Technology’s Objective in Worship

Visitors to the control booth frequently say “That’s sure a lot of buttons!”

I usually smile and say “And each one has a function.  But it’s not too difficult once you break them into groups and subsets.  This section does this, each of these rows does this, the blue knobs do one thing, the white another.”

What do they ALL do together?   From a worship perspective, I mean.  Pan back with me for a minute; look at the booth from a ministry perspective. 

  • What’s all this equipment do?
  • What do its operators do that relates to worship?
  • What’s the ministry function here?

It’s difficult to answer succinctly, isn’t it?.

Here’s how I’ve come to answer the question; see what you think of my take on things.

Picture a small but easy-to-read sign in the booth ( like you need something else to watch) that reads:

We are here to

enhance what’s occurring now,

anticipate what’s coming next and

eliminate (or minimize*) distractions

so these people can enjoy today’s/tonight’s meeting with God.

For that to happen they need to see well and hear well. 

When you read those lines, what happens inside? I’m interested in your response, especially if you’re a ministry technician/artist.  

 

(*I say “minimize” about distractions because while technical mis-fires are certainly distractions, sometimes they happen elsewhere, “out of reach” in a way. So the ones we can control we eliminate completely. The rest we minimize.  )


10 Replies to “Technology’s Objective in Worship”

  1. pchrismac

    What a great purpose statement for a production/sound team! (Hope you don’t mind if I borrow that.)
    Too many times we fill our sound booths with warm bodies to turn a channel on/off, or to flip PowerPoint slides, but don’t really give them an understanding of what their purpose is. It’s more than pushing buttons, it is creating atmosphere – and it is VERY important.
    This statement not only gives them a sense of purpose, but hopefully a degree of “pride” in their work, and a drive to do all things (moving PowerPoint slides included) unto the glory of Christ.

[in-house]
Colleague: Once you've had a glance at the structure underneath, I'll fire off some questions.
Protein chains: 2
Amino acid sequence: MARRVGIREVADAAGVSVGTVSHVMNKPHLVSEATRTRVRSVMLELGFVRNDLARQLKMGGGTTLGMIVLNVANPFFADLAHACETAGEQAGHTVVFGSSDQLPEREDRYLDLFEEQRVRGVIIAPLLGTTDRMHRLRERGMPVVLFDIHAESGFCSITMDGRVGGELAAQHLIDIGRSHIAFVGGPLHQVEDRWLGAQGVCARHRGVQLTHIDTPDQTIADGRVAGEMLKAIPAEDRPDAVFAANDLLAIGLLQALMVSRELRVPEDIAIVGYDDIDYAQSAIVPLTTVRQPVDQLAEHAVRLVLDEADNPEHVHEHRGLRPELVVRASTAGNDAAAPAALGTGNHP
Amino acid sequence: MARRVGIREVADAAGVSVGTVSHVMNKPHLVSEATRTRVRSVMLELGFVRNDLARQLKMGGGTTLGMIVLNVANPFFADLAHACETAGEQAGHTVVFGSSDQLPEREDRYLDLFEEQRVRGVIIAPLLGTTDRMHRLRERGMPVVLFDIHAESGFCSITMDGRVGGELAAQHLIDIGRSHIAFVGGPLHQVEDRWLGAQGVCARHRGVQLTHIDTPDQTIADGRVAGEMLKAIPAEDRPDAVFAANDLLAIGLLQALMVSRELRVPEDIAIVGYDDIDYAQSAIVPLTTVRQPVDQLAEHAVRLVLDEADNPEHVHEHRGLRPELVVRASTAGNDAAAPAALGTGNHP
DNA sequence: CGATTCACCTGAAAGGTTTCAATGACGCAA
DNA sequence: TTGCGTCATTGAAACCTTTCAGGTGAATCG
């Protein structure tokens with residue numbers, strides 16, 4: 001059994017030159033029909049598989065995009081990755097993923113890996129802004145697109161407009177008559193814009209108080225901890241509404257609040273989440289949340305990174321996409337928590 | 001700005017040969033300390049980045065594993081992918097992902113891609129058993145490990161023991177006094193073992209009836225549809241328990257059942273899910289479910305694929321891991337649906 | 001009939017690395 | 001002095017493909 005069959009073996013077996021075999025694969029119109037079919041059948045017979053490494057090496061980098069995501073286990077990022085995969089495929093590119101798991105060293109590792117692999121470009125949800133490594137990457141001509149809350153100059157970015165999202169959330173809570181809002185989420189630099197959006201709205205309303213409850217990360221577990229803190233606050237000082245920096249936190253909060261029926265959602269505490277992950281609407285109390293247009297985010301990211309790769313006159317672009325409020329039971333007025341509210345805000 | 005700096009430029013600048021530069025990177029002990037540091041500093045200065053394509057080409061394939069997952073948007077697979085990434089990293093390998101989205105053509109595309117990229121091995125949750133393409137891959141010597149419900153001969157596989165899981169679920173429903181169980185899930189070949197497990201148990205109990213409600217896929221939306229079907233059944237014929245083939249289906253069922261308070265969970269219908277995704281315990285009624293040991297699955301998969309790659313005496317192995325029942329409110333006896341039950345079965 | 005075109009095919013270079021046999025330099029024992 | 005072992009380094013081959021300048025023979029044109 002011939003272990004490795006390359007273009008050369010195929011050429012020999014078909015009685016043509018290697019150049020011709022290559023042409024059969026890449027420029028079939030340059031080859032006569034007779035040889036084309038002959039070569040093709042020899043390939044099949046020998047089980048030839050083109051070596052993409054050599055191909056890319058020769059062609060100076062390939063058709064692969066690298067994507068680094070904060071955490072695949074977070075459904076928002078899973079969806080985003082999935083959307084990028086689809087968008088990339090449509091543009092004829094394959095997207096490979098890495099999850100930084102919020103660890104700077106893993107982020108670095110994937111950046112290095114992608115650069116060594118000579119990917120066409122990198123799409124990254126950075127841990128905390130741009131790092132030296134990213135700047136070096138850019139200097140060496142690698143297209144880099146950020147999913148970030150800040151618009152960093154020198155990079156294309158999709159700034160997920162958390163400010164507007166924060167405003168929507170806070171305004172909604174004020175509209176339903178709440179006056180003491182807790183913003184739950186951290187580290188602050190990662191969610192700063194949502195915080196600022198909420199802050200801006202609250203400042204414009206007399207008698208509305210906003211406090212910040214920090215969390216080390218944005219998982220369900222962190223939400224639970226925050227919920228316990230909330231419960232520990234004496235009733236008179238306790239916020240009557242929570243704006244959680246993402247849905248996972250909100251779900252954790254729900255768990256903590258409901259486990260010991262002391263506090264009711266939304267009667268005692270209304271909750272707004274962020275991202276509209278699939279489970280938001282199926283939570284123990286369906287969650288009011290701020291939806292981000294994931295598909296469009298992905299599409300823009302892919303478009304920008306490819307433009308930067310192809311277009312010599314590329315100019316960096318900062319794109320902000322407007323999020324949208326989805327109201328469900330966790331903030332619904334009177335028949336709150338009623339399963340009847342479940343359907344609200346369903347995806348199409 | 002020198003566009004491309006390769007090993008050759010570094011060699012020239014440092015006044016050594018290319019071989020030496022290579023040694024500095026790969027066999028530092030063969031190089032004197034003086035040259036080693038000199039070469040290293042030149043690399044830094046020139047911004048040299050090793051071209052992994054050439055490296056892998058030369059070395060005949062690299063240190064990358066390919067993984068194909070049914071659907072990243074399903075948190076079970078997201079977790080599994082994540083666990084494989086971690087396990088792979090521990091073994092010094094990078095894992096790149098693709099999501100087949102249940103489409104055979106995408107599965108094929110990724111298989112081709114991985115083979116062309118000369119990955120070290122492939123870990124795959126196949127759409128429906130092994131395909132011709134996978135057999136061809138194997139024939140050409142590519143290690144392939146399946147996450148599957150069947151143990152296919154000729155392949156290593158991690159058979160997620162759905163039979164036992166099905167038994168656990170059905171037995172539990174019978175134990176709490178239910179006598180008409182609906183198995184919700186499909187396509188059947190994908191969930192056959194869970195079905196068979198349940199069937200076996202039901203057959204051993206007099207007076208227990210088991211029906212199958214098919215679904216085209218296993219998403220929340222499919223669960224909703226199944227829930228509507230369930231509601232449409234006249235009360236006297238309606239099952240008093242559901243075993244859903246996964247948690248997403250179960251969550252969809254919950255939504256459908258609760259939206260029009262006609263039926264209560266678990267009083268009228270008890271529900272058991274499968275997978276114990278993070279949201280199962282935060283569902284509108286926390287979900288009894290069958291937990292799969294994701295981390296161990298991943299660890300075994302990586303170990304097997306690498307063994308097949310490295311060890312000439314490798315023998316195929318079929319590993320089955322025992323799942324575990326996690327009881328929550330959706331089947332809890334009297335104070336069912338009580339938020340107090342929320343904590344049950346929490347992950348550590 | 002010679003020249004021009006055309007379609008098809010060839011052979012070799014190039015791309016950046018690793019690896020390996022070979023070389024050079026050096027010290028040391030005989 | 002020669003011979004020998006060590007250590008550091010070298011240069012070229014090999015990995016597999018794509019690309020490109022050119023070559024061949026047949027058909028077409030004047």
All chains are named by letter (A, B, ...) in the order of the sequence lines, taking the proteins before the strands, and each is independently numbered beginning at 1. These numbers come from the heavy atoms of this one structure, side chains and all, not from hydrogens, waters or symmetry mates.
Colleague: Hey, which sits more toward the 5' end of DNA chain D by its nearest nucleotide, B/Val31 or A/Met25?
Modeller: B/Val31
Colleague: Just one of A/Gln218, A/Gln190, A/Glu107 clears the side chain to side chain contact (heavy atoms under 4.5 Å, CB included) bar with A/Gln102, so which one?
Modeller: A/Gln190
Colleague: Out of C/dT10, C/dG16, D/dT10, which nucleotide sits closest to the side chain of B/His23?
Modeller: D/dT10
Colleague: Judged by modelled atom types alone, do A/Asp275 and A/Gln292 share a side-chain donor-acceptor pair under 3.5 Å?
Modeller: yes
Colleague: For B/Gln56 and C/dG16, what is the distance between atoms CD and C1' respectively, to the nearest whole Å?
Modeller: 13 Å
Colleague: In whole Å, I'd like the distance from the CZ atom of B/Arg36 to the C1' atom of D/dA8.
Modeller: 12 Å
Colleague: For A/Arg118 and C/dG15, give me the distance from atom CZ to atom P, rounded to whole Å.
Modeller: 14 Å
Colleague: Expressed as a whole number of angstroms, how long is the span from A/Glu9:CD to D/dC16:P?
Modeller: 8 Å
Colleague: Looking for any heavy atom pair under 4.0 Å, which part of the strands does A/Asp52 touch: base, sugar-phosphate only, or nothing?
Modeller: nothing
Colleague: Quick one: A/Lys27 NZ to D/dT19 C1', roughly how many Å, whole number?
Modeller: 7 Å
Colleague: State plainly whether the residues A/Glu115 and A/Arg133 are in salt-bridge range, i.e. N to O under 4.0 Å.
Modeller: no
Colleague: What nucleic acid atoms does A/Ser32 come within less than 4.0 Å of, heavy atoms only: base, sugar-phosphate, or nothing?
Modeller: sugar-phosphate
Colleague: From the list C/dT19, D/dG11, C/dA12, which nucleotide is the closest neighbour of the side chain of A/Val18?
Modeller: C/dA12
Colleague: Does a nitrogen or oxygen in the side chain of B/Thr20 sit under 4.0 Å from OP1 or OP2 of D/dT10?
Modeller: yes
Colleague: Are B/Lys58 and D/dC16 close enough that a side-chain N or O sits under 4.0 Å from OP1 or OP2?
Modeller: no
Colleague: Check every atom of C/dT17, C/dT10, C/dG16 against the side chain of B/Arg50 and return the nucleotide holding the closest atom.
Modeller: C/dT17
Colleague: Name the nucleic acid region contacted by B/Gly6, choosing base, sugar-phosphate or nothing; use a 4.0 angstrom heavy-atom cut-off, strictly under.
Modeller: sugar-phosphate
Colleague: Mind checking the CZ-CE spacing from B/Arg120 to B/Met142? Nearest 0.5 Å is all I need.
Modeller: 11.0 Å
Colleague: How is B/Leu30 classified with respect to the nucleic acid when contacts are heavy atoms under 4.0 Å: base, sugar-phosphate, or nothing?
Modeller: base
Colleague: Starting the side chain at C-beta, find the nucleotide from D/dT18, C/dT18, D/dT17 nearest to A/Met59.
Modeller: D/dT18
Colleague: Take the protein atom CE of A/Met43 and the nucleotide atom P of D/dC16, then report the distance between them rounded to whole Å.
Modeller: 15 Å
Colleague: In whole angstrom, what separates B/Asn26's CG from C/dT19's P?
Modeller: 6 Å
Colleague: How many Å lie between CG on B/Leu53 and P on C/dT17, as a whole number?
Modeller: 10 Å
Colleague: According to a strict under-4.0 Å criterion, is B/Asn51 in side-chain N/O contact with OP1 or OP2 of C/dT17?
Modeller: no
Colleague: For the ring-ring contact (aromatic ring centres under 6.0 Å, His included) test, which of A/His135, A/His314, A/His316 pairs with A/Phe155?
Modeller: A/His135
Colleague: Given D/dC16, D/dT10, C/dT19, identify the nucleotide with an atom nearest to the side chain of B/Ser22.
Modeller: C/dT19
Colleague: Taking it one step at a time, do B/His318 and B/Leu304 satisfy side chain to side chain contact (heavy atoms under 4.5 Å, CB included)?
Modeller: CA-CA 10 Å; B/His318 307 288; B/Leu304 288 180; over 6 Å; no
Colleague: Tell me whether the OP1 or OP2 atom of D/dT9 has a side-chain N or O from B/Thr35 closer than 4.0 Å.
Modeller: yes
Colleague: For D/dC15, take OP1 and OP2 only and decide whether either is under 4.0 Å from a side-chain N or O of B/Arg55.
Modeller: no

2. Phil

    Thanks! And yes, you may borrow it. If you publish it I want credit, though. 😀

    The ministry from this end of the room IS very important – I consider the tech team the “invisible – and we like it that way” members of this morning’s team — at the other end of the room.
    I’ll go further than “creating atmosphere”, though. It’s facilitating the message of the hour, usually to at least three of the five senses. (If something catches fire, call it four).

    There’s more here on Vibrance about distraction-free worship, one of the points I always emphasize. I think if you type “distractions” in the search bar on the right, WordPress will take you to my stuff. Or you can click “worship” in the Categories and Tags, will do the same thing.

    It’s fun to good-naturedly remind the artists on the platform that every last one of them is at the mercy of the artists in the booth – so be nice, y’all! 😀

    Phil—

  3. Dave

    As usual your purpose statement not only hits a bullseye, but splits the arrow dead center. We are in the process of relocating the sound board in the church. When it is finished a little engraved plate will have that purpose stated if I have anything to say about it (with credit to you of course 😆 )

  4. Dave

    A humorous story about sound techs having control…